The Finnish Maritime Cluster includes, from left to right: Juha Mutru, the Managing Director of the Finnish Port Operators Association, Tiina Tuurnala, the Managing Director of the Finnish Shipowners’ Association, Elina Andersson, the Managing Director of Finnish Marine Industries and Annaleena Mäkilä, the Managing Director of the Finnish Port Association.

The Finnish maritime cluster knows collaboration

Finland’s maritime cluster is one of the country’s most significant business sectors with annual revenues of EUR 14 billion. The sector employs 50,000 people all over the country. The maritime cluster encompasses about 3,000 companies from various sectors, all of which are connected by their maritime expertise. Our diversity differentiates us from many other countries.

Among our number are passenger and cargo ship owners, specialist ship owners, marine industries ranging from leading marine equipment manufacturers, turn-key suppliers, designers, software and system providers, not forgetting the shipyards, as well as the ports that handle almost 90 per cent of Finland’s foreign trade. Passenger traffic is also an important category. The Port of Helsinki is the busiest passenger port in Europe.

The past year of 2020 has been difficult for many actors in the maritime cluster, as effects of the covid-19 pandemic have impacted the maritime sector heavily. The yearly Breaking Waves conference, that usually gathers key industry players from all over Europe to Helsinki, was organized virtually in 2020 due to the circumstances. Speakers and audience at Breaking Waves highlighted the increased need for collaboration and further cooperation between stakeholders, in order to navigate through the crisis. They also stated, that decarbonization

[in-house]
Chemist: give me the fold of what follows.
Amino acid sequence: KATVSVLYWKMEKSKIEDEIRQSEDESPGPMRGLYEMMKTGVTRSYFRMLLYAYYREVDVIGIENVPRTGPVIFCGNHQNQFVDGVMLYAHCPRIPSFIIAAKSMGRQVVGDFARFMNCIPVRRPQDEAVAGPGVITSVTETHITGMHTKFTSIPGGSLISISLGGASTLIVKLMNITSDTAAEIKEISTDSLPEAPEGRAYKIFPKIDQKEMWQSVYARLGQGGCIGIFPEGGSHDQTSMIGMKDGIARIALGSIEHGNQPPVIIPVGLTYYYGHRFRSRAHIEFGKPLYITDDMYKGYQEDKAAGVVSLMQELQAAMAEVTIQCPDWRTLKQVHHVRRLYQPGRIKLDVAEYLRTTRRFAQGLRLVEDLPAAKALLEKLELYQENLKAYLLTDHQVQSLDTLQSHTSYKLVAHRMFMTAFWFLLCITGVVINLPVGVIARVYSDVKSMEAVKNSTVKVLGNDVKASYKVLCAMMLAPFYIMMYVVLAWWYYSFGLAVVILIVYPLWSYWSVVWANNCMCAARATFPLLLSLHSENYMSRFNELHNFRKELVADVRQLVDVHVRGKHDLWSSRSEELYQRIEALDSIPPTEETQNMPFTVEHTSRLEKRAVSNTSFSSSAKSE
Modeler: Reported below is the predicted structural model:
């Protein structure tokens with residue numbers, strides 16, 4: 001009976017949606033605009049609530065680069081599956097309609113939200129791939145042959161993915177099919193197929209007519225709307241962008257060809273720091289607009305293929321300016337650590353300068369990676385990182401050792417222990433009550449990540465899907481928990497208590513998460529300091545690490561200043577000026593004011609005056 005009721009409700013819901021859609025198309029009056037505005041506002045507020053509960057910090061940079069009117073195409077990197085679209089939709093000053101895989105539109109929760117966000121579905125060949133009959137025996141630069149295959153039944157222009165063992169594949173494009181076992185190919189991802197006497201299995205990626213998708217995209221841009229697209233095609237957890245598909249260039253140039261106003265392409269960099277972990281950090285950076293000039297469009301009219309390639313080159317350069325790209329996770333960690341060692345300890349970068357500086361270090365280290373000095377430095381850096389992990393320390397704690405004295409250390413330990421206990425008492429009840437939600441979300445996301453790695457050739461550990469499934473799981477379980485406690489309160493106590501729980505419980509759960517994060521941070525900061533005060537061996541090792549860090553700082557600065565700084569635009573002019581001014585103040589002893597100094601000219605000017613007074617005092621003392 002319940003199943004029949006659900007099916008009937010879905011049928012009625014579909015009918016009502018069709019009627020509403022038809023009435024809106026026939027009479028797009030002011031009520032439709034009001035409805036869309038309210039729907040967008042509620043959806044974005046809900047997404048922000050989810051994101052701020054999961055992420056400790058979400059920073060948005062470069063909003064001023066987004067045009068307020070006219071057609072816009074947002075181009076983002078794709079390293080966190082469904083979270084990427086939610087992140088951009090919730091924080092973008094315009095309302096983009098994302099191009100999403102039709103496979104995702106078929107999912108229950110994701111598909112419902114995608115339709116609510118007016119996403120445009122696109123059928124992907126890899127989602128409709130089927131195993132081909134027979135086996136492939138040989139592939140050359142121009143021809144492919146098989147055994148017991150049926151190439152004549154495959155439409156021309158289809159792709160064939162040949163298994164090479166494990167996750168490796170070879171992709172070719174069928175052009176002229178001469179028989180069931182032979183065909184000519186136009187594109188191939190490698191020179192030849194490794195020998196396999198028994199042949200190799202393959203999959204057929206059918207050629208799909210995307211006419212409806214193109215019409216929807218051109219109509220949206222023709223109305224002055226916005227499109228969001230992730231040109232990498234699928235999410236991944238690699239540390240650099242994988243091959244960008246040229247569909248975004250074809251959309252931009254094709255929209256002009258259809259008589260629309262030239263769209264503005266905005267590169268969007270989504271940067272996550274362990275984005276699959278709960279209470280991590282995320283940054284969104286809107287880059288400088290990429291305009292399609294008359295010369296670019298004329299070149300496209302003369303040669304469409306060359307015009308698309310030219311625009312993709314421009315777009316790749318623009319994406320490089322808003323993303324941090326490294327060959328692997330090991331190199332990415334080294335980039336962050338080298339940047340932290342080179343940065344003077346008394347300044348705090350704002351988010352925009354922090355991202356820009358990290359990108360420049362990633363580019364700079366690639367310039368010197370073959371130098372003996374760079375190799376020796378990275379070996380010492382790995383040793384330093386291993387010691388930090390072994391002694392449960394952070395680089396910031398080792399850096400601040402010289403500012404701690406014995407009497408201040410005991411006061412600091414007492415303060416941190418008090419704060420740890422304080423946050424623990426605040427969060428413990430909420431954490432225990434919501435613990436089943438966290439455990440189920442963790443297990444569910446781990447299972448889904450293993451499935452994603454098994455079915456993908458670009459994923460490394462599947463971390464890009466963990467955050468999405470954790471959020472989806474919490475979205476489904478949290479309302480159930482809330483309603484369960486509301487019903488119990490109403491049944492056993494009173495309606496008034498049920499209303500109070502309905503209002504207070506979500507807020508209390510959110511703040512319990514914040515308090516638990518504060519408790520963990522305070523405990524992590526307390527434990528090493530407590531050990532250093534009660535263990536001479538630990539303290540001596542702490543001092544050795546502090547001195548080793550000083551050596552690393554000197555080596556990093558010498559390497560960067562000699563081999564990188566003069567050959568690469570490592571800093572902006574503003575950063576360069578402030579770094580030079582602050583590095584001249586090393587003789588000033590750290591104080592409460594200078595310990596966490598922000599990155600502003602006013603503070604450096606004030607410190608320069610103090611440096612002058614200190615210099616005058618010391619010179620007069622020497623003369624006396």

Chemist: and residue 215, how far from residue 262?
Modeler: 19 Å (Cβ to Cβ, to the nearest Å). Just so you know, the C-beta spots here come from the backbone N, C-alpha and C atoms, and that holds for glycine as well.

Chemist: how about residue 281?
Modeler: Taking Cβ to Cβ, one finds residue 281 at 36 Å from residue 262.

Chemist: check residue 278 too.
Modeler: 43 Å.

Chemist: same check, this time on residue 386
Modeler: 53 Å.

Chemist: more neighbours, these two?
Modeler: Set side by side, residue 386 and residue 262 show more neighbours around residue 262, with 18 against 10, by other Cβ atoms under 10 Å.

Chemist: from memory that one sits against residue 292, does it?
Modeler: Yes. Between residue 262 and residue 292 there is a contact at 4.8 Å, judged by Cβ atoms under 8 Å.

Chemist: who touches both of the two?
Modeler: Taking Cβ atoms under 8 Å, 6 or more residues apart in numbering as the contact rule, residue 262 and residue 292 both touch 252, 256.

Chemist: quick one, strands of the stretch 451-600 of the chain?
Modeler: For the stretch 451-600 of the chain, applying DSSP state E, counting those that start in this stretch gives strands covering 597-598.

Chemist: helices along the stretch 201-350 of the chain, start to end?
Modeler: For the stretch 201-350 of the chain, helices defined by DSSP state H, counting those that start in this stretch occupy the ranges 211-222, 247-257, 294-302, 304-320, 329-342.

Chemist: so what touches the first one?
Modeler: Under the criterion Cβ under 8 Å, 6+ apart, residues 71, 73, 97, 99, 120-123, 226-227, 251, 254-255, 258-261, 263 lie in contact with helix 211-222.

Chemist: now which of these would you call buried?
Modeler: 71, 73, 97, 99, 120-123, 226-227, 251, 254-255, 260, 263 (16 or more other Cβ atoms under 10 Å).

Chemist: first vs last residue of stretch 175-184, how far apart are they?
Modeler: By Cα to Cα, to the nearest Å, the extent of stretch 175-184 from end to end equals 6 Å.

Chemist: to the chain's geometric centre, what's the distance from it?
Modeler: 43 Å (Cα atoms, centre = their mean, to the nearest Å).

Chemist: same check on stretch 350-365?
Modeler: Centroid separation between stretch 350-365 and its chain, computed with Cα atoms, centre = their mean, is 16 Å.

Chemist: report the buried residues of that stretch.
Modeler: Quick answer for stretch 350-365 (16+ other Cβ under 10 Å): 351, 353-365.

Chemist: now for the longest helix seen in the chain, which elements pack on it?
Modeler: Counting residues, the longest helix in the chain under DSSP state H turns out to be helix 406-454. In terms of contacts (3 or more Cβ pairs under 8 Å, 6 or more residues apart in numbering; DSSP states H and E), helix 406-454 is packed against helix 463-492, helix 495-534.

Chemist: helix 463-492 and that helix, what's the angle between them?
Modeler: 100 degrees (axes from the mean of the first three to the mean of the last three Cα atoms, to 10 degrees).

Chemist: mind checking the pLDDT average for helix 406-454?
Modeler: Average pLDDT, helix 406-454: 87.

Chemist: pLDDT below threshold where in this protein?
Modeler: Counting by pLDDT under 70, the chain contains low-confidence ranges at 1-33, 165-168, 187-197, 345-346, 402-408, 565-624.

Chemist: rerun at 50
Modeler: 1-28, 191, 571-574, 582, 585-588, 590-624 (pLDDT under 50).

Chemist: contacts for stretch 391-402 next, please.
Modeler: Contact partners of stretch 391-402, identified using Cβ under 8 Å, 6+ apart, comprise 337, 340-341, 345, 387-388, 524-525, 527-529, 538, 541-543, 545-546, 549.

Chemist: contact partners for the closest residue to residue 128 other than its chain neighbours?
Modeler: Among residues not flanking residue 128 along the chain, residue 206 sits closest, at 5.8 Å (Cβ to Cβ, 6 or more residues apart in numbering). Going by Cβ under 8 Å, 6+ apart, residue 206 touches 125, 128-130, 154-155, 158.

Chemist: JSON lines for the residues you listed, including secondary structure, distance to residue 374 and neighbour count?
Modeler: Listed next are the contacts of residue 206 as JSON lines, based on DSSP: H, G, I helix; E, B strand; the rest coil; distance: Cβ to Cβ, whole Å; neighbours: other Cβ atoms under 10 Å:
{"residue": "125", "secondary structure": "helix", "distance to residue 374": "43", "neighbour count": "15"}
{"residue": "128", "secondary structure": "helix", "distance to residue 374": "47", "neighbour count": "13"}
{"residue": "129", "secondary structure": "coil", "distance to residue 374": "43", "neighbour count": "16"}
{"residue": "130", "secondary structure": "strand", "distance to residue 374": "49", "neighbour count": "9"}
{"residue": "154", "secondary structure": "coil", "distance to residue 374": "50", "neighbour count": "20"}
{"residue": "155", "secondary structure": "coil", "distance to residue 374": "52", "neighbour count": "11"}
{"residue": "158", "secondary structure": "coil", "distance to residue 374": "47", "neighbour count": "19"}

efforts and developing digital operations are more important than ever.

Finland’s unique strength has always been the exceptionally openminded collaboration between entities. This strength is now even more crucial than ever for future success post covid-19. It helps us to move forward, and it also enables experimentation and creating new innovations.

For example, maritime cluster companies in Finland have teamed up with AI developers to develop machine learning solutions that improve the situational awareness at ports and vessels by analyzing freight and logistics chains. There is strong high-technology development in Finland. The Finnish maritime cluster is a pioneer in environmental innovation, and it is at the global spearhead of the development and deployment of low emission technologies that enhance energy efficiency.

Liquefied natural gas (LNG), wind, electricity and biofuels manufactured from waste are already in use – they have long since graduated from the planning phase. At the heart of Finland’s expertise are the most energy-efficient cruise vessels and the greenest and quietest ferries in the world. Finland also has very strong Arctic expertise. Finnish shipbuilding, as well as seafaring ex-
pertise is unique, and the icy winter and difficult navigation conditions require seafarers and entities in the maritime industry to have special skills.

Finnish vessels act as references and testing platforms for innovations in the marine industry and, once testing is complete, they can be launched on world markets. The competitive shipowning sector underpins the growth of the maritime cluster as a whole. The industries are intrinsically linked – ports and port operators do well when ship owners and the marine industry are buoyant.

In turn, these industries require good ports and fairways, functional logistics chains and good mutual collaboration.

Maritime operations are going through a major transformation, due to digitalization and automation. Climate change is also challenging the maritime cluster to identify solutions for low-emission maritime traffic. The global pandemic will add its own challenge in addition to these megatrends. This publication highlights the world-class Finnish expertise and innovations that will address
the challenges and eventually lead the way to recovery.

Tiina Tuurnala, Annaleena Mäkilä, Elina Andersson, Juha Mutru